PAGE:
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A train traveled from Station A to Station B at an average speed of 80 [#permalink]
04 Jun 2014, 23:00

3

This post received KUDOS

7

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00:00

A

B

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D

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Difficulty:

35% (medium)

Question Stats:

62% (02:08) correct
38% (01:10) wrong based on 202 sessions

A train traveled from Station A to Station B at an average speed of 80 kilometers per hour and then from Station B to Station C at an average speed of 60 kilometers per hour. If the train did not stop at Station B, what was the average speed at which the train traveled from Station A to C?

(1) The distance that the train traveled from Station A to Station B was 4 times the distance that train traveled from Station B to Station C. (2) The amount of time it took to the train to travel from Station A to Station B is 3 times the amount of time that it took the train to travel from Station B to Station C.

Re: A train traveled from Station A to Station B at an average speed of 80 [#permalink]
05 Jun 2014, 00:29

2

This post was BOOKMARKED

MensaNumber wrote:

A train traveled from station A to station B at an average speed of 80 kmph and then from Station B to Station C at an average speed of 60 kmph. What was the average speed from A to C?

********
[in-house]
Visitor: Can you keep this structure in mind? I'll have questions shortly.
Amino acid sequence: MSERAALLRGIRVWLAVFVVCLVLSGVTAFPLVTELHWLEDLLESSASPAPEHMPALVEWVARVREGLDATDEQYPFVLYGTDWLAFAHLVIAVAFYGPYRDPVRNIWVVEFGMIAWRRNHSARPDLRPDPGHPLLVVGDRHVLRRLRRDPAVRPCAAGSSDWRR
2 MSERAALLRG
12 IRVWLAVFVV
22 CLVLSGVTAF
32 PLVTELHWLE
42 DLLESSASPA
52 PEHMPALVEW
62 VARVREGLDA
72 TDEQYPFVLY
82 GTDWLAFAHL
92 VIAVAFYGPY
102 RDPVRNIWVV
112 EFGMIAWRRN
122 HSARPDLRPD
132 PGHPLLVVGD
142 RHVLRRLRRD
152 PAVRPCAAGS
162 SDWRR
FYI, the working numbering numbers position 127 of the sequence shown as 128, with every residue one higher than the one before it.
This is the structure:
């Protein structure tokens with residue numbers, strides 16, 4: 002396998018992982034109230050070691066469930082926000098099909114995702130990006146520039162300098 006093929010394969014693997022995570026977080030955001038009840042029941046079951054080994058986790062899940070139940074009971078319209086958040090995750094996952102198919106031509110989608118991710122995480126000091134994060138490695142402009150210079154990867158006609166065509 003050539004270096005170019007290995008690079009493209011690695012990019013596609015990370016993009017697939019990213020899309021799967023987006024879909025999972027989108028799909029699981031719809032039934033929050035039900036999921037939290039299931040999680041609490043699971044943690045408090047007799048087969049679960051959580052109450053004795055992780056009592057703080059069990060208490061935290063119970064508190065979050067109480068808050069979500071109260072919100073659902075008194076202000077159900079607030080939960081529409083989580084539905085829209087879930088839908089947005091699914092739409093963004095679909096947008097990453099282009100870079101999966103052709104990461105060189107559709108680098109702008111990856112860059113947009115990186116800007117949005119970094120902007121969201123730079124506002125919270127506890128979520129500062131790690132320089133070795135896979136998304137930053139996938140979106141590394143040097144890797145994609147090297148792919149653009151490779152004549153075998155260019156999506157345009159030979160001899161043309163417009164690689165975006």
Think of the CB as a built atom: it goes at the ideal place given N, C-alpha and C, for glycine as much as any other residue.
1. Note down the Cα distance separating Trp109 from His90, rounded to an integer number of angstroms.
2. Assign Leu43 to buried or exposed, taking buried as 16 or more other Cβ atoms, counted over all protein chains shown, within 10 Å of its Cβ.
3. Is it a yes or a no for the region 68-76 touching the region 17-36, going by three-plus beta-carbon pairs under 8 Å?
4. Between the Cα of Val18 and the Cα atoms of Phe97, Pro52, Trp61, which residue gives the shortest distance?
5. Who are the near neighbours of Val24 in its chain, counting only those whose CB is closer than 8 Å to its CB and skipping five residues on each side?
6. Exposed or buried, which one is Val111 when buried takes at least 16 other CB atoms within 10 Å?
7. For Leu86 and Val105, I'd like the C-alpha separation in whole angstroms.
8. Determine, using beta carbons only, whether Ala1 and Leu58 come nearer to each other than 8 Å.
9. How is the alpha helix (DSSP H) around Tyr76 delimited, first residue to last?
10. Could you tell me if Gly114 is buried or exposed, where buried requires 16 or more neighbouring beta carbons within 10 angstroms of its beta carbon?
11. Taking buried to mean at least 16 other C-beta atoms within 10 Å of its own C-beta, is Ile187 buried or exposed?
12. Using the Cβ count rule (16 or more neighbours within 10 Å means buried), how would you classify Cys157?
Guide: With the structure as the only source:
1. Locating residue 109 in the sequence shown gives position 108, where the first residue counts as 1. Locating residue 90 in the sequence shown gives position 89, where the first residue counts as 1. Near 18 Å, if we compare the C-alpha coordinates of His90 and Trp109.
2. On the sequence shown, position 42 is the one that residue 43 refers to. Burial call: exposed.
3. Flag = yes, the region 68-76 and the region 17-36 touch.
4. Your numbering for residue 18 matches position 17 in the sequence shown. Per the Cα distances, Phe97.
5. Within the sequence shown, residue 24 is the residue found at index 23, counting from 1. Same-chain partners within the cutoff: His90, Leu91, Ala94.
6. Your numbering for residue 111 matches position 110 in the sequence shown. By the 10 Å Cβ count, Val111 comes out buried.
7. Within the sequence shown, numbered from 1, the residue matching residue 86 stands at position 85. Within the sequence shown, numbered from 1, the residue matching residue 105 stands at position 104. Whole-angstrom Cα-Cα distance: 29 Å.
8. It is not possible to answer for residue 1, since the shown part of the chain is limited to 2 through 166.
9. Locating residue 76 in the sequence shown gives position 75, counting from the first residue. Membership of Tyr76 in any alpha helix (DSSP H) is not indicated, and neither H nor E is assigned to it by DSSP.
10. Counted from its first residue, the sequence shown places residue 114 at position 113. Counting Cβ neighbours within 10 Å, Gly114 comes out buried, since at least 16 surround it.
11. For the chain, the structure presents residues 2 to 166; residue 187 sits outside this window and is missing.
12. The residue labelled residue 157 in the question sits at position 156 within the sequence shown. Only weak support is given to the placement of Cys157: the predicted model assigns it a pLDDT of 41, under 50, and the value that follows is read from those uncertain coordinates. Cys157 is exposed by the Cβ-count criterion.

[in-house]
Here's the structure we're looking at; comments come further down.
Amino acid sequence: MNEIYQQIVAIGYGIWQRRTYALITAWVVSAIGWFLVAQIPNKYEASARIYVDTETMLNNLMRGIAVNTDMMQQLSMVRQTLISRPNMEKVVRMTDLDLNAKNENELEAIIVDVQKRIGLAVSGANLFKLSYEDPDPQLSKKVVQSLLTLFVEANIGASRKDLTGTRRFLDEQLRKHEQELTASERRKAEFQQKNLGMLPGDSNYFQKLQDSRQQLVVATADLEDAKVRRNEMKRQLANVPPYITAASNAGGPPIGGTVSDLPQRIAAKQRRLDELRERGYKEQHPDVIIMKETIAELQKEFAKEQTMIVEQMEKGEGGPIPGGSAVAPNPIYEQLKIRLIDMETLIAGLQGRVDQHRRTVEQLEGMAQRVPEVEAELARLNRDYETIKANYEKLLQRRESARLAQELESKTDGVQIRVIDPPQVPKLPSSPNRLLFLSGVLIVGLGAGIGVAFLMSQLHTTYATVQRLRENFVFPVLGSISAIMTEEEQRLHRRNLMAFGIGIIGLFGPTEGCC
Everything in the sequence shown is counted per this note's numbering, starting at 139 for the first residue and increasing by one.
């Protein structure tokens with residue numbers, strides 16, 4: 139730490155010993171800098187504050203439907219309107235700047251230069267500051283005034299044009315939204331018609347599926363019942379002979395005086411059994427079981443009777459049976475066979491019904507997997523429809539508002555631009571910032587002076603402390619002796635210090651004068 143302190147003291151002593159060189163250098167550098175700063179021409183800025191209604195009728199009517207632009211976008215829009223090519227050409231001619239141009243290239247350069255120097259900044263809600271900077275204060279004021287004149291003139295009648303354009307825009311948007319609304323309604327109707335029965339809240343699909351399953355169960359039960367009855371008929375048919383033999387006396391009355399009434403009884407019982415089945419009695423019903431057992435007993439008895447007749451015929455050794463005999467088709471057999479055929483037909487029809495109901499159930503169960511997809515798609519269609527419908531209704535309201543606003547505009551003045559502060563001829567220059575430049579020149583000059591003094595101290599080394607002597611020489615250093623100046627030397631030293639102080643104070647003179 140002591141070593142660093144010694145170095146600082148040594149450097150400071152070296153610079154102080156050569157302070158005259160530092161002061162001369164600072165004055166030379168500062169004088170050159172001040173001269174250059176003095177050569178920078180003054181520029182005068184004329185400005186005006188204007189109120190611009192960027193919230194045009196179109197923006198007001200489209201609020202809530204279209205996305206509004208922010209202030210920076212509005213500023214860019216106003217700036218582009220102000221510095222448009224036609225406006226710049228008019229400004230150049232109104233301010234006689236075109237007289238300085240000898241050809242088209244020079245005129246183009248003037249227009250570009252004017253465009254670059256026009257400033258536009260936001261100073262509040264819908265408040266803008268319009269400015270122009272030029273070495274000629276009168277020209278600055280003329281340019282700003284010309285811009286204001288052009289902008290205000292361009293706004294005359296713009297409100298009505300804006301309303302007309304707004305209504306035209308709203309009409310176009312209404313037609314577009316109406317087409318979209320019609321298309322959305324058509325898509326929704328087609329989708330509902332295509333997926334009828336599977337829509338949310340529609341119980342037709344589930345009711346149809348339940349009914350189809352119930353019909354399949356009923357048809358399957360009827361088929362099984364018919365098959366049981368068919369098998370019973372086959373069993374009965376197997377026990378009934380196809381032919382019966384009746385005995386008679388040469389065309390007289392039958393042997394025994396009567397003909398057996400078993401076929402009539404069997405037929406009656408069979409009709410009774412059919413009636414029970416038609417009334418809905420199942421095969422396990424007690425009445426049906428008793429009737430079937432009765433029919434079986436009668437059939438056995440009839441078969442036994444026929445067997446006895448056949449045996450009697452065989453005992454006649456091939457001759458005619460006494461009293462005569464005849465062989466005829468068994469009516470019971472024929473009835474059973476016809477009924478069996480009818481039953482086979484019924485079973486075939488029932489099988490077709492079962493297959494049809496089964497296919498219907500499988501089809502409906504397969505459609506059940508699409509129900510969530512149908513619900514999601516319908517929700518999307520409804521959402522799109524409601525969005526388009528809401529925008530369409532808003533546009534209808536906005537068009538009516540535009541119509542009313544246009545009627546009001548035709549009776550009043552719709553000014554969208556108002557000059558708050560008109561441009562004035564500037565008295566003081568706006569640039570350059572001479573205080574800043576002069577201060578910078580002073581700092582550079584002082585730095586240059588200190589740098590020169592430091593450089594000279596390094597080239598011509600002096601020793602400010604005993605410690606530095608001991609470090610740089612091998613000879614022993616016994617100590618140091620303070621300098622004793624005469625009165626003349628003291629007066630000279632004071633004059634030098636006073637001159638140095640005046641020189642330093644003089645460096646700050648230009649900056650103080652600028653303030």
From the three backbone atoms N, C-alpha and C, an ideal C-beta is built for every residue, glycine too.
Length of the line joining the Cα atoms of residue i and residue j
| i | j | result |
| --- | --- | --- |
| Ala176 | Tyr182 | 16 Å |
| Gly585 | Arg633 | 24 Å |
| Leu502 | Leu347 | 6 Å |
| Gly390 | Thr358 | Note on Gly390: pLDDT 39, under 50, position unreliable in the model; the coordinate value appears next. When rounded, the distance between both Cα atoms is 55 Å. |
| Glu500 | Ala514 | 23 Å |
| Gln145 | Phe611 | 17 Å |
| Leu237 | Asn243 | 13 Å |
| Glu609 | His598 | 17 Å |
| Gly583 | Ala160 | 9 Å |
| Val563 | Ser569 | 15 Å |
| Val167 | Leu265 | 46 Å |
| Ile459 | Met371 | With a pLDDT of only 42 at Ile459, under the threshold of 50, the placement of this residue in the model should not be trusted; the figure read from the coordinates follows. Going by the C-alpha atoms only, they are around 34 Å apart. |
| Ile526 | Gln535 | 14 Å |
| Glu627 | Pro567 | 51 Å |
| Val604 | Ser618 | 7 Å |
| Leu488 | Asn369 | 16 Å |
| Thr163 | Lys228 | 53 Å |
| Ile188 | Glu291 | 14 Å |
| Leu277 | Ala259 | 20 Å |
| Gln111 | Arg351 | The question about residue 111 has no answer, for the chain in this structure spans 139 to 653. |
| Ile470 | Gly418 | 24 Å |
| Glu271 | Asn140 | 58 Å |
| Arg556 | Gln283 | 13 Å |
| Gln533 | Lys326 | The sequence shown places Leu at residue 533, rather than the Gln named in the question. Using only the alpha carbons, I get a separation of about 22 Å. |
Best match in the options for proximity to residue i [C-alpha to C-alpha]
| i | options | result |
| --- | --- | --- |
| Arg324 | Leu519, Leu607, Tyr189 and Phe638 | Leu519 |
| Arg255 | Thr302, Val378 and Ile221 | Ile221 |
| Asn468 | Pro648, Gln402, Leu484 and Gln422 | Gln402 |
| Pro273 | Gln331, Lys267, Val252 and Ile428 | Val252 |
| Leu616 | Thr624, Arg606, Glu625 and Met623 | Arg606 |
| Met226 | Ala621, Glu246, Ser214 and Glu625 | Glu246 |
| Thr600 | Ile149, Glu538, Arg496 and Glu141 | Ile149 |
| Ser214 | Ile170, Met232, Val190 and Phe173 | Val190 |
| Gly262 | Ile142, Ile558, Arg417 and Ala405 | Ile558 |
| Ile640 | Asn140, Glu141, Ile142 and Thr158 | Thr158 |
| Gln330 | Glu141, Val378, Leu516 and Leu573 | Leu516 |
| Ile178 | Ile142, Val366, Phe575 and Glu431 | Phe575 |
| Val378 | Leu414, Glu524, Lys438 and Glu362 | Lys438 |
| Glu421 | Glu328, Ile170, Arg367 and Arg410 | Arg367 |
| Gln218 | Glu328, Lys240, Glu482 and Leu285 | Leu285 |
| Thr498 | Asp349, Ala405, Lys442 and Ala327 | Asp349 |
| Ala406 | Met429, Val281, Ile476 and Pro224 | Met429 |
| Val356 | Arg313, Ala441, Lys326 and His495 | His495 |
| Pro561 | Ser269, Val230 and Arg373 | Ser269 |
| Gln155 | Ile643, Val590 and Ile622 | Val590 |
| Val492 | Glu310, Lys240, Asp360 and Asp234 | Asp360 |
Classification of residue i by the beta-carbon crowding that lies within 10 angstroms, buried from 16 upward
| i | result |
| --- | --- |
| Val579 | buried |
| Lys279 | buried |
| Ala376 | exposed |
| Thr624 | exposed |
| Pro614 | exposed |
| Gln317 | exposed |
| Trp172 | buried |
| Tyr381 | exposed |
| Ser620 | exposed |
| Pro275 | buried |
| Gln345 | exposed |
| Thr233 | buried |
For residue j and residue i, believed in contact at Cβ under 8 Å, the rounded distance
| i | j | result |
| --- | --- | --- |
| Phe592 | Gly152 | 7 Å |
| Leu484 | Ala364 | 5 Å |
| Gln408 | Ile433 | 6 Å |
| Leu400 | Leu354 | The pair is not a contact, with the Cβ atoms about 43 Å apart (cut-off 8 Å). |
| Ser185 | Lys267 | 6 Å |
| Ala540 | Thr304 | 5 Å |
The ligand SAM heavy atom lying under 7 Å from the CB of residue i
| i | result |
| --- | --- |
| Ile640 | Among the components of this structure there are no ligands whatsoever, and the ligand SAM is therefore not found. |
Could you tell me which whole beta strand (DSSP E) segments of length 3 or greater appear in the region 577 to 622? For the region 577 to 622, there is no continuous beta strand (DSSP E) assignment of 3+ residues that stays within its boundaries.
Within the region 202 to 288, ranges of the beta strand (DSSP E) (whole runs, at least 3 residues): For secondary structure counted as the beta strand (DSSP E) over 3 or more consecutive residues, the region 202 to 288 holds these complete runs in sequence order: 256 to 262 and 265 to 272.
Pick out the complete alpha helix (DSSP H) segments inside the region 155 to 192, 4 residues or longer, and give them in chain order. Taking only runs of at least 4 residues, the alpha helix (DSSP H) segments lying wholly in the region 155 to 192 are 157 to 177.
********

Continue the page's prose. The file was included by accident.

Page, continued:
1. The distance from A to C four times the distance from B to C 2. The amount of time it took to travel from A to B is four time that of time it took to travel from B to C

Kudos if you liked the question

Average speed = total distance/ total time.

1) A-----B-------C

let bc=x, therefore AC=4x, and AB=3x

thus average speed = 4x/{(3x/80)+(x/60)}

we can easily calculate the value of avg. speed from the above exp. hence sufficient

2) A---------B----------c

let distance between AB=x and BC=y x/80=4(y/60)

x=(16/3)y-------------1)

average speed = x+y/{(x/80)+(y/60)}

we can substitute the value of x in terms of y in the above expression to find out the average speed. hence sufficient

Re: A train traveled from Station A to Station B at an average speed of 80 [#permalink]
06 Jun 2015, 04:40

Is there a quicker way to see that the distance variable cancels out, rather than going through the entire algebraic calculation? I made the assumption that the variable would remain, and struggle to finish in ~ 2 minutes once I start getting into algebra for DS questions. Thanks..

Re: A train traveled from Station A to Station B at an average speed of 80 [#permalink]
06 Jun 2015, 06:38

1

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1

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ElCorazon wrote:

Is there a quicker way to see that the distance variable cancels out, rather than going through the entire algebraic calculation? I made the assumption that the variable would remain, and struggle to finish in ~ 2 minutes once I start getting into algebra for DS questions. Thanks..

Hi ElCorazon, the Q stem tells us the speed in two different routes and asks us the average speed.. for this we require the distance or the ratio of distances.. lets see the statement.. 1)statement 1 gives us the ratio of distance .. so sufficient.. 2) statement two tells us the ratio of time so multiplying this ratio with speed would give us the ratio of distance .. again sufficient

Re: A train traveled from Station A to Station B at an average speed of 80 [#permalink]
06 Jun 2015, 10:51